He might be lying, but you don't help your case by looking at income tax alone.

Anonymous said...

I’ve never been completely convinced of Blair’s „New Economy“ experiment and even less enthusiastic about “Globalisation” either. Blair and Brown always endorsed the idea that Globalisation would have most of us playing with computers and that in a square mile of central London all our fortunes would be made. Manufacturing was of no interest and the service-industry would look after the worker bees! Stuff permanent, pensionable jobs for the masses and let the Chinese and Indians make everything for us. It’s all going arse up now of course as the white collar jobs are also being exported and an idiotic immigration policy has resulted in half a million Poles snatching our skilled engineering jobs, leaving some of our skilled workers working part time stocking supermarket shelves. Of course New Labour have made a huge mistake in embracing this policy without thinking it through first and the decimation of manufacturing industry in the UK during their tenure is going to come back and haunt them, or the follow-on government, be it New Labour, or Conservative. I believe that social unrest and problems within the family have much to do with job satisfaction and security. Many young people do not see a future worth having, particularly those with no particular educational prowess, and they are entirely frustrated with their lot.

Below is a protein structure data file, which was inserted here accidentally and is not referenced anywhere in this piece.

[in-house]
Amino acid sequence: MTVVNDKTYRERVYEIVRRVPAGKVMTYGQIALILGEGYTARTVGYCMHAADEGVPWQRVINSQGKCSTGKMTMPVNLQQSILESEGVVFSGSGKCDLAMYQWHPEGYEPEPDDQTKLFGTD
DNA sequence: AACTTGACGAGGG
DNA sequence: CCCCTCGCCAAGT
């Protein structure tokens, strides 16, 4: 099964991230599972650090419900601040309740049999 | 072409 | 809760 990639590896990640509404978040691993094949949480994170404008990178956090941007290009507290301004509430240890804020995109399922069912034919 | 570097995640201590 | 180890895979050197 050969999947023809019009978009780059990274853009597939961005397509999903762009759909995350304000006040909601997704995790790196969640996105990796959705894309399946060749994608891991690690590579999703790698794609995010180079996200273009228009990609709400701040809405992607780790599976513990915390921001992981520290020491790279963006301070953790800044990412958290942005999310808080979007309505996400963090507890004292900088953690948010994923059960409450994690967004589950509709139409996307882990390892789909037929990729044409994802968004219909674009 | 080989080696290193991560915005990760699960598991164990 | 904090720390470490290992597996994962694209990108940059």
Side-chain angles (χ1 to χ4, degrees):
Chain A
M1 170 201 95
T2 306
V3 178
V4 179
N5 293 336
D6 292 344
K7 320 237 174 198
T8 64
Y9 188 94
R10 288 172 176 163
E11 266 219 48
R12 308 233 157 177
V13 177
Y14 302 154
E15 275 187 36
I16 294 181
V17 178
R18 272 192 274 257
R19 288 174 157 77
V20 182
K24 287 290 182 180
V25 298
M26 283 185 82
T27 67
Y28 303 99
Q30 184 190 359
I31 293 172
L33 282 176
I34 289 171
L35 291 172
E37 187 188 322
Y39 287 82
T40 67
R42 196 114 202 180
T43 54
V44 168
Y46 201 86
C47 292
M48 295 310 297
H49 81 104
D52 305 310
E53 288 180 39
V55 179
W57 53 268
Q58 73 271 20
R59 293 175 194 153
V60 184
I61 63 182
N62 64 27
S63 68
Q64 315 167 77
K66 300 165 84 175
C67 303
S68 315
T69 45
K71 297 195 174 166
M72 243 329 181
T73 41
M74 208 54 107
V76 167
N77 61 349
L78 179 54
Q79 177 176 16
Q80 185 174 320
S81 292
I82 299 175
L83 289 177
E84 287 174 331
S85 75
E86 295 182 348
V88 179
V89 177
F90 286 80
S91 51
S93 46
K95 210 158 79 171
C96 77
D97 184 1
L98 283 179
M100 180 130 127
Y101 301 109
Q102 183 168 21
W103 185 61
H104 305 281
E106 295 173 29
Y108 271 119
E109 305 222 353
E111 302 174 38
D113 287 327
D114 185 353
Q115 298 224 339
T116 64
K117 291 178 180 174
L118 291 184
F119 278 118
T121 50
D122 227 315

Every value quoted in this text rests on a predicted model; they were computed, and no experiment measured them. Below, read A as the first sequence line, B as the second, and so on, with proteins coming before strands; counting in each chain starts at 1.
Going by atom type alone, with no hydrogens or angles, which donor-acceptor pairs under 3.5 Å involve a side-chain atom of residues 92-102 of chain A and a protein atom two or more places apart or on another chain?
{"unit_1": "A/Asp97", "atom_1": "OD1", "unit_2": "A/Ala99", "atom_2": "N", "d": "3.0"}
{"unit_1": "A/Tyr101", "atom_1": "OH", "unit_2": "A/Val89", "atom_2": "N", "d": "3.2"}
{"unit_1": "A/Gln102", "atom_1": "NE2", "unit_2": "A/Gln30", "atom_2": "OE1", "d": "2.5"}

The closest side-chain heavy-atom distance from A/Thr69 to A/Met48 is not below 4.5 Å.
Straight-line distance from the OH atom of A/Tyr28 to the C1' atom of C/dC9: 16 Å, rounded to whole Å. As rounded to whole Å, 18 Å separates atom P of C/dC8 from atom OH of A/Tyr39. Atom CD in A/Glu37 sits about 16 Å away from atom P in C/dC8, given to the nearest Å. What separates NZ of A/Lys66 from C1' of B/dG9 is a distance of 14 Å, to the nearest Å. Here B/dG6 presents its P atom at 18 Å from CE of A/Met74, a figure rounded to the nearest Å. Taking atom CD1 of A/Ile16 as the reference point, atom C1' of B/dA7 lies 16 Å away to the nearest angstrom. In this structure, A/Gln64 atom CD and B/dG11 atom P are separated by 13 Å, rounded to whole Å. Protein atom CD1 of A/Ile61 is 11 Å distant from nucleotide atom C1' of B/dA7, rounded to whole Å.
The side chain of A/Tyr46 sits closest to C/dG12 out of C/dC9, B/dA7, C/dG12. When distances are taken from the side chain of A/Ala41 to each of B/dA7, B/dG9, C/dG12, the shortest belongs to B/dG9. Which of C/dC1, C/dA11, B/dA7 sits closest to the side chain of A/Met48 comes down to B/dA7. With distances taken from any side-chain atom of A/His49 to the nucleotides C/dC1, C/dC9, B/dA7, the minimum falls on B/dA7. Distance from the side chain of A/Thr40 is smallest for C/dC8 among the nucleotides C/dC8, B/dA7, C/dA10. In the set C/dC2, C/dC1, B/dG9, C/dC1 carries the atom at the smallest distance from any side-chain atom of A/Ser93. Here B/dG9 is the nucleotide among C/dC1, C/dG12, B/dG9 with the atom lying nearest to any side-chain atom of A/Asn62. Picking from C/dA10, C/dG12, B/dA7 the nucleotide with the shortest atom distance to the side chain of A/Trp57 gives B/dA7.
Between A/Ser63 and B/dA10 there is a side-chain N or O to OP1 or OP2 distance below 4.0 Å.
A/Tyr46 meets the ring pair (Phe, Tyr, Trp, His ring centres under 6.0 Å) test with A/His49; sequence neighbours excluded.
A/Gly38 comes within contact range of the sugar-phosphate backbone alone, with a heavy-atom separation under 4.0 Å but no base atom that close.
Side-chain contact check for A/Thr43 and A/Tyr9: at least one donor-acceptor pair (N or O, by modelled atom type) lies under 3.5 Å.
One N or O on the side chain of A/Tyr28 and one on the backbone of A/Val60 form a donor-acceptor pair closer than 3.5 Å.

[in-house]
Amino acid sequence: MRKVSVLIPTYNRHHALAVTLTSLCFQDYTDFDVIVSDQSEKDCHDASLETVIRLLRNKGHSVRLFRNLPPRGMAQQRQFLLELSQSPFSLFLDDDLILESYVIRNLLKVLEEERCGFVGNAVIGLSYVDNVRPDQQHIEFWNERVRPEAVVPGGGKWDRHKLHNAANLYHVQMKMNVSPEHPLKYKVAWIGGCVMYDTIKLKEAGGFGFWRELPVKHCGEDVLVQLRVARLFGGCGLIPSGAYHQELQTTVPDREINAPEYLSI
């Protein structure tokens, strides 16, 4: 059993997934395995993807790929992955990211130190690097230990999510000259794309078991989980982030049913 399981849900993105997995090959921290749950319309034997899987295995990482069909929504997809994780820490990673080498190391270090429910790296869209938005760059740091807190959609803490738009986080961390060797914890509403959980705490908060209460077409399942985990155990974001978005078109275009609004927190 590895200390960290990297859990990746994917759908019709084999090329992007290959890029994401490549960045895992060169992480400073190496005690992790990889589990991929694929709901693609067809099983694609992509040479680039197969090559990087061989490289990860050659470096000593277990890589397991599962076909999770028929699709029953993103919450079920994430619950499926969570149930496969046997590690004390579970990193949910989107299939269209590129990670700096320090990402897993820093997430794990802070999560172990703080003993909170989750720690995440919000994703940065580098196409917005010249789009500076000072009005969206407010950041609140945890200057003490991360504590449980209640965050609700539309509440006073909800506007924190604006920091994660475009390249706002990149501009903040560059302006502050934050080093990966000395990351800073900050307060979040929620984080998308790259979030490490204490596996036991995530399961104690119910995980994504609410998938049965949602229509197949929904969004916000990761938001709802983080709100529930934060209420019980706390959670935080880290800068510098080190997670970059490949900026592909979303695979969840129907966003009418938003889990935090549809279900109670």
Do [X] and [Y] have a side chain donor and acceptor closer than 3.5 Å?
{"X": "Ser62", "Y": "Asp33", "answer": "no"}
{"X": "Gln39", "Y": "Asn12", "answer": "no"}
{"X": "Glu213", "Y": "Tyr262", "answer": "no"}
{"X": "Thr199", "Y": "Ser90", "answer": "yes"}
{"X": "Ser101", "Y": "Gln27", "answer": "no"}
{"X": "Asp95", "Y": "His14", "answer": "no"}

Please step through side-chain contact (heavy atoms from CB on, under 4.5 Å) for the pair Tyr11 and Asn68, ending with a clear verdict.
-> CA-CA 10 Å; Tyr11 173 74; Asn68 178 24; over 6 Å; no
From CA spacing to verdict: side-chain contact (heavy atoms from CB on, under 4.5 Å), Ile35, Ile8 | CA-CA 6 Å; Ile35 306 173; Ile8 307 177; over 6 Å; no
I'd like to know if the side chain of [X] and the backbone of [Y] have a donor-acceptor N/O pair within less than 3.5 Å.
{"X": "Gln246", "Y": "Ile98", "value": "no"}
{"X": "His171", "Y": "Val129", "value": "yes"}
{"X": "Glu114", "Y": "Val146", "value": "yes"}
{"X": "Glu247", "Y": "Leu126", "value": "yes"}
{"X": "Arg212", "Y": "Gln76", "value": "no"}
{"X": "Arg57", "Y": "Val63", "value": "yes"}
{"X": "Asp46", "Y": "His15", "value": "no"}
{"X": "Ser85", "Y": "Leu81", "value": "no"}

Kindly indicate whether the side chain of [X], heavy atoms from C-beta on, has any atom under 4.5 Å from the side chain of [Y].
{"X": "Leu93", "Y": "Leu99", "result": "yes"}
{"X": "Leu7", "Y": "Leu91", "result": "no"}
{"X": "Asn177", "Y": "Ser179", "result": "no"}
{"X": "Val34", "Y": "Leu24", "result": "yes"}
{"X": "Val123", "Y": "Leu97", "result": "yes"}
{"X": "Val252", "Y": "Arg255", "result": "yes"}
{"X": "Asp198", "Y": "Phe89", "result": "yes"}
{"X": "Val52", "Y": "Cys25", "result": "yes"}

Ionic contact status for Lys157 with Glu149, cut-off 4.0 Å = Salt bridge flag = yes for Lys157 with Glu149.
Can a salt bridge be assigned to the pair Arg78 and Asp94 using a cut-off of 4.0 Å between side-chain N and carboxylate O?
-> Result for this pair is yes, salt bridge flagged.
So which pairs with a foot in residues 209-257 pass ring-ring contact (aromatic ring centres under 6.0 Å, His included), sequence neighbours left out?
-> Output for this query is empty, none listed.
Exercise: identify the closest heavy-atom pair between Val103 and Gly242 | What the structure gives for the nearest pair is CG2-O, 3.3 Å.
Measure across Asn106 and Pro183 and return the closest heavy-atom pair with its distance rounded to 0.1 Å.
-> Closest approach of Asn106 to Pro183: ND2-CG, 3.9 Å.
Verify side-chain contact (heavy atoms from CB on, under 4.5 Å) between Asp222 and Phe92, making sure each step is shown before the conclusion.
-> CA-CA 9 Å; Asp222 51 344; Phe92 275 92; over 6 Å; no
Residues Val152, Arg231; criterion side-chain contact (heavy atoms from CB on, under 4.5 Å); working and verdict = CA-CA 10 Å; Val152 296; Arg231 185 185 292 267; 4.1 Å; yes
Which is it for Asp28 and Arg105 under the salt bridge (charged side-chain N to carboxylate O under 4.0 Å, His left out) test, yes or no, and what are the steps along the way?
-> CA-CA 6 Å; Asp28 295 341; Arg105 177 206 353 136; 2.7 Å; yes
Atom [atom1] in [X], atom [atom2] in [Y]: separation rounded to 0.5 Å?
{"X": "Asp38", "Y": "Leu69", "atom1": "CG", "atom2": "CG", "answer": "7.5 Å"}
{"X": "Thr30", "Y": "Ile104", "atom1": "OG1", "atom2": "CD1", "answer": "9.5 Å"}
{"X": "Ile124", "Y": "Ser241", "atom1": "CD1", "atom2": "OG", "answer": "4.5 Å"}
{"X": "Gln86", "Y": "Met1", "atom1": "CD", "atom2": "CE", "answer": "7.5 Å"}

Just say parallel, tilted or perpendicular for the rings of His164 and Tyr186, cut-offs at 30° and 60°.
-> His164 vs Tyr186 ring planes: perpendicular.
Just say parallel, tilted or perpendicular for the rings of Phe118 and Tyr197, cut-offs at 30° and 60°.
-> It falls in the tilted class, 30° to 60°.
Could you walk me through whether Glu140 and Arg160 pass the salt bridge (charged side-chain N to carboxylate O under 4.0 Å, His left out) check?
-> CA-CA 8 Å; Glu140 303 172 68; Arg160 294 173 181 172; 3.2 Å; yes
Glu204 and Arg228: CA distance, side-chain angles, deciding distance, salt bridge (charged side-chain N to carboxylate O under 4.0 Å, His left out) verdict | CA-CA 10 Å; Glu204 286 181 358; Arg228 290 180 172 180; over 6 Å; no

Now Mr Cameron, Sir, please consider the short term wealth that New Labour has achieved and balance that against the irreparable damage that has been done along the way and tell the people what they need to hear. Forget riding bikes, propellers on the roof and your bio-products…..just do something!

The Military Wing Of The BBC said...

vjavelin said...

It kind-of-means a 30% tax rate and a 40% tax rate.

NI is 11% and 1% on everything abobe 33k, increasing to 37k.

So mainstream marginal tax rates are 31% and 41%.

The £75/w increase in the upper earnings limit will cost everbody earning more than 37k, £429/year.